caerbannog said...

Actually, Fernando may have a point; I fitted 7 LED main light bulbs in my house in a fit of dogooderism last October, and I've already had to replace 2. The electronics in the bulbs is the problem, not the LEDs themselves. Whereas the assorted CFLs they replaced had been there since forever.

Sounds like bad luck.

I replaced 15 incandescent bulbs in our place (recessed ceiling lights in the kitchen plus chandelier lights in the dining-room about 3 years ago with "bargain basement" Home Depot LED specials. All lights get plenty of use; they are switched on/off frequently.

No problems with any of them.

If I had waited until now to buy the LED bulbs, I would have paid significantly less for them. But with our electric rates of $0.19/kWh (<=130% of baseline) and $0.39/kWh (>130% of baseline), they've already more than paid for themselves -- so we are still ahead on the deal.

And then there's the Dell laptop I bought about 12 years ago that died right after the warranty expired. On the other hand, a Hewlett-Packard laptop I bought 9 years ago is still going strong (if a bit slow rendering all those browser ads).

The bottom-line: whether you are talking about LED electronics or laptop electronics, there is a "luck of the draw" element in play.

Andrew said...

Yes, there probably is a bit of luck. (plus 'eBay cheapo' beats 'Home Depot cheapo' in the cheapo stakes, in my world)

Of course, once we all have 24vDC lighting rings the electronics aspect will be much easier. Just need a few nice regulations to get that to happen now.

Thomas Palm said...

WC, what about all of us who don't want to spend hours reseraching what LED:s to buy becuase most of them are crap? Some kind of regulation is a very useful time saver, whether it is private or government. Otherwise the cheap crap tends to take over, because if you don't know whether or not the expensive LED is actually better, why pay extra for it?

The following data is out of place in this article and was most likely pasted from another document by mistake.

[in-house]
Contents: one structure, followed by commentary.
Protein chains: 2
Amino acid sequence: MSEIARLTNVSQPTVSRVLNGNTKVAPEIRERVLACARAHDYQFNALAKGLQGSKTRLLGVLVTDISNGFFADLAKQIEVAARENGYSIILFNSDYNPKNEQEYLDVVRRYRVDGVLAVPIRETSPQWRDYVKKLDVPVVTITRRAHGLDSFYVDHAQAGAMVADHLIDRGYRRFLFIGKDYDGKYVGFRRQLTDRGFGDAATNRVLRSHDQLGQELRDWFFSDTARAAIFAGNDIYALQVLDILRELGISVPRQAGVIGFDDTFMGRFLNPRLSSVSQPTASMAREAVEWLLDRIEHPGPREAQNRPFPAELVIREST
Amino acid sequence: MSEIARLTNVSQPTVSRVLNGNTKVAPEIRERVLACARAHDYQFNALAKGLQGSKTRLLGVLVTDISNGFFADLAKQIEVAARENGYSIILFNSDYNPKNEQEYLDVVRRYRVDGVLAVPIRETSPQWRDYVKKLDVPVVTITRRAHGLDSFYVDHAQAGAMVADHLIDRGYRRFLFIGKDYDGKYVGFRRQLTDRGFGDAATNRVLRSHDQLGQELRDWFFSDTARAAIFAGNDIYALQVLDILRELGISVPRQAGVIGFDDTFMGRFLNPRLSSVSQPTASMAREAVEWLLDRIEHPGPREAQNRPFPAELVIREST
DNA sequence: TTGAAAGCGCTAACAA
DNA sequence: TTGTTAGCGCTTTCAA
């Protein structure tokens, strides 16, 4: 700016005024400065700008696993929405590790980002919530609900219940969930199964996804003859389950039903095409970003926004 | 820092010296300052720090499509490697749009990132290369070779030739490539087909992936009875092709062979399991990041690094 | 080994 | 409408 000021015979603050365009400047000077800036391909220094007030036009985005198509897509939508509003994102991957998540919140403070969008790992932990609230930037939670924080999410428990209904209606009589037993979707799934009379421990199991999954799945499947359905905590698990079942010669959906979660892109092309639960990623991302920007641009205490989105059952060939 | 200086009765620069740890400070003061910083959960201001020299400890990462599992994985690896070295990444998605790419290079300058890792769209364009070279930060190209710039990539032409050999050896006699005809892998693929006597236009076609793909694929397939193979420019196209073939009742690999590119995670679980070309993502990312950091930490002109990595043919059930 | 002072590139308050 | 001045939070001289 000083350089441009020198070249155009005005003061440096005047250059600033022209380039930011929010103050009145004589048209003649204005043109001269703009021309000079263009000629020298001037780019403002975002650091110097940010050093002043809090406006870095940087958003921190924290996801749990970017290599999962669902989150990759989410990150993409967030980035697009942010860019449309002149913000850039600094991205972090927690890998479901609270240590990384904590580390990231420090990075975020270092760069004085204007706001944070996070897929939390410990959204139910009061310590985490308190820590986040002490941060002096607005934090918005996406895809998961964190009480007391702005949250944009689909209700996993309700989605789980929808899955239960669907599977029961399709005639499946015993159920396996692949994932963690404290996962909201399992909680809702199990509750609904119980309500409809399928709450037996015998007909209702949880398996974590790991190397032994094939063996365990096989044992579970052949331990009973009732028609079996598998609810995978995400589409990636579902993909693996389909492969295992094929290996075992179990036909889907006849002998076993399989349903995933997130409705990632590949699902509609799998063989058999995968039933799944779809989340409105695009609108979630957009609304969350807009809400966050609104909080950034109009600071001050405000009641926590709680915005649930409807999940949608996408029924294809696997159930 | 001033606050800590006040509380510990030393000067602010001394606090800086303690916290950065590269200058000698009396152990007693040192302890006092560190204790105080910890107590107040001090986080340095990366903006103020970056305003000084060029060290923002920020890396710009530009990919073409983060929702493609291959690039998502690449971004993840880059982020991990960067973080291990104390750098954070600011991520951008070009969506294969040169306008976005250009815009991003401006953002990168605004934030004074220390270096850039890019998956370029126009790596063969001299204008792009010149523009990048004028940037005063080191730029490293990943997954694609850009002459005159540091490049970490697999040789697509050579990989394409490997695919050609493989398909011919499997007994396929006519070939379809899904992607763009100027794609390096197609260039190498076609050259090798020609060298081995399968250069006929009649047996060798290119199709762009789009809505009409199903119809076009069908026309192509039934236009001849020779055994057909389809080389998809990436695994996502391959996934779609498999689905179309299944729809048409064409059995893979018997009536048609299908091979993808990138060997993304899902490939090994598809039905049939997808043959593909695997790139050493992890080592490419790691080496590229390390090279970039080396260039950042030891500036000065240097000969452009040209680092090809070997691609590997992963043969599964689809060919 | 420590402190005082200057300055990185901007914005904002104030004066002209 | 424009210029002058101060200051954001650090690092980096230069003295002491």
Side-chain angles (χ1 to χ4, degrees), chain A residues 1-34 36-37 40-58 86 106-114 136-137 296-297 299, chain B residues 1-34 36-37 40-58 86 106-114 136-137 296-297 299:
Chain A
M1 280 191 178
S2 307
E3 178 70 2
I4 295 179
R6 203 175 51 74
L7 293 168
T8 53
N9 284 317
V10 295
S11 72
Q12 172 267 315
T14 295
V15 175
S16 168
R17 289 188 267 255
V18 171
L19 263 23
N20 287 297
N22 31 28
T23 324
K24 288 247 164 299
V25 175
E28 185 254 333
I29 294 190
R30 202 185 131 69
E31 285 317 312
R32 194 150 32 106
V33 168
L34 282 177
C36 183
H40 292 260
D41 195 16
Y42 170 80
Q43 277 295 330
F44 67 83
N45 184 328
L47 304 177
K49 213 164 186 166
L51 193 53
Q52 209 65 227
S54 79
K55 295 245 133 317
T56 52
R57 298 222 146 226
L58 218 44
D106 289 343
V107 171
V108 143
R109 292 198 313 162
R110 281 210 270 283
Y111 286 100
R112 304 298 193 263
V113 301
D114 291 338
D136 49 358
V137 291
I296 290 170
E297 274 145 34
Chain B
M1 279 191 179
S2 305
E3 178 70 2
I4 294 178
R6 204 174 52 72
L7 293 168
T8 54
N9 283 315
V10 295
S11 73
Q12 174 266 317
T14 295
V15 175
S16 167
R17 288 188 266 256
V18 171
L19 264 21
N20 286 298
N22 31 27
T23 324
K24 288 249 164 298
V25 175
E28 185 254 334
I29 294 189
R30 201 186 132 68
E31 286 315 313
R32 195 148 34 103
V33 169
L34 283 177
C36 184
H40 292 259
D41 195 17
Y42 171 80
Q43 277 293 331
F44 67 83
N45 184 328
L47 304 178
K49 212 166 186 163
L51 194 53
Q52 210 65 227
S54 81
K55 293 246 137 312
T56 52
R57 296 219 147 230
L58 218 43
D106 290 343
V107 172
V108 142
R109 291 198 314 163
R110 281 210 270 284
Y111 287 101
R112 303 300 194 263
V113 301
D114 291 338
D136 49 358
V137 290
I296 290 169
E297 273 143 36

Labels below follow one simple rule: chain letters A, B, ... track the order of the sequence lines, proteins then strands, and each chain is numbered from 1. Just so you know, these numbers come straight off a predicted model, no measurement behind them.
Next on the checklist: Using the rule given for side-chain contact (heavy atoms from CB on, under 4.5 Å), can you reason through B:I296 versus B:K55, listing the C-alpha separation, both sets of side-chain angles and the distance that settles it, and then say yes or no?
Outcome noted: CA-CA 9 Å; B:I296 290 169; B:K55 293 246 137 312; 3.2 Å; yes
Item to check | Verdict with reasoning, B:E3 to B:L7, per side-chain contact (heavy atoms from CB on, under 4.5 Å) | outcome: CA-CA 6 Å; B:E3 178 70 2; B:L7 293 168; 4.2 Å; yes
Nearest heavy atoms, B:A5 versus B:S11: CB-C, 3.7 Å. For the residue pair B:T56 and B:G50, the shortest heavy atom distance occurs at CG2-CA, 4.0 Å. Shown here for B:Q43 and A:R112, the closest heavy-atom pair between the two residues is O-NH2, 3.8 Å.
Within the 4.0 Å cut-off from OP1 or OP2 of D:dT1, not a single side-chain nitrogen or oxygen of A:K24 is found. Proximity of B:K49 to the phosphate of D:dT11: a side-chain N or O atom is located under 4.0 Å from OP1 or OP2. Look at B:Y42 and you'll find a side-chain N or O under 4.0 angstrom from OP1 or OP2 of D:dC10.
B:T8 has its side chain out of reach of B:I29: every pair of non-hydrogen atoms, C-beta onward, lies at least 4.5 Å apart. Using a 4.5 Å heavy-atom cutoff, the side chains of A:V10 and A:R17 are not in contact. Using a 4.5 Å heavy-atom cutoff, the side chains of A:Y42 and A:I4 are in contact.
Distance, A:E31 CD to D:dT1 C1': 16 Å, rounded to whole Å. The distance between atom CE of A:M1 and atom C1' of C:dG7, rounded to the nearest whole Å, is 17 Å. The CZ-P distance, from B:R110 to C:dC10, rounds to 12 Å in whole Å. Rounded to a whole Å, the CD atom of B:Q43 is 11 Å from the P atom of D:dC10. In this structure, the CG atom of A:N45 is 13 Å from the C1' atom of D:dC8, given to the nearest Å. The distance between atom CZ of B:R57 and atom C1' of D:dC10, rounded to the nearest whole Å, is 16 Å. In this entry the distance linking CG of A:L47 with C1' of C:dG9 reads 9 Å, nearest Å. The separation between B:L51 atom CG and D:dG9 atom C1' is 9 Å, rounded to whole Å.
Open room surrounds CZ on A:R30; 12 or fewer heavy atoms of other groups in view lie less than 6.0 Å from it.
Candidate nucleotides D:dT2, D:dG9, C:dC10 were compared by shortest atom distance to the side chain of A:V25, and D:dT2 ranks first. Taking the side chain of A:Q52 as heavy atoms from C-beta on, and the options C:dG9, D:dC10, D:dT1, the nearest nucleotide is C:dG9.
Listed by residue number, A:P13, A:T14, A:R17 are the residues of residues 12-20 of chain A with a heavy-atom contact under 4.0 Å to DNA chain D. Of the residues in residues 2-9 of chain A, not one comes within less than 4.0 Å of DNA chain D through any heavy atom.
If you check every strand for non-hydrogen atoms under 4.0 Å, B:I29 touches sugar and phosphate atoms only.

One interesting example is the TCO-branding of computer displays. TCO is a Swedish union and their members complained about eye strain at work so the union decided to test displays and make recommendations, and soon found there was a big market for reliable, independent testing where manufacturers could charge extra for equipment they had independent proof was superior.

Windchasers said...

Thomas Palm,

That's what reviews are for, and return policies. The cheap crap doesn't usually take over, and in general the good drives out the bad. (To be noted: there are times when you *want* the cheap crap).

I'm with WC here: if you want people to use less electricity, raise the price of electricity. People do a good job of managing the resulting costs for themselves -- and generally, they do better than a top-down solution does.

And the US really does have an absurd amount of old regulations that we should throw out; it's one reason we're struggling economically.

For the same reason, I think that if we want to emit less CO2, we should put a tax on CO2 emissions. Don't try to force automobile mileage up, and don't try to subsidize other technologies: just penalize the thing you want to penalize.

Tom said...

I'm sure some of the libertarian skeptics did rail against the government intrusion that helped kick-start the LED boom.

But it wasn't a majority opinion. Just ask Jeff Id over at The Air Vent what his company does for a living...

Russell Seitz said...

Thanks to the invisible hand, 'The Modern Theory of Solids ' is still in print and available on e-bay after 78 years.

LED 's are approaching 40% wallplug efficiency, and theory allows ~55% operating at 300K

Anonymous said...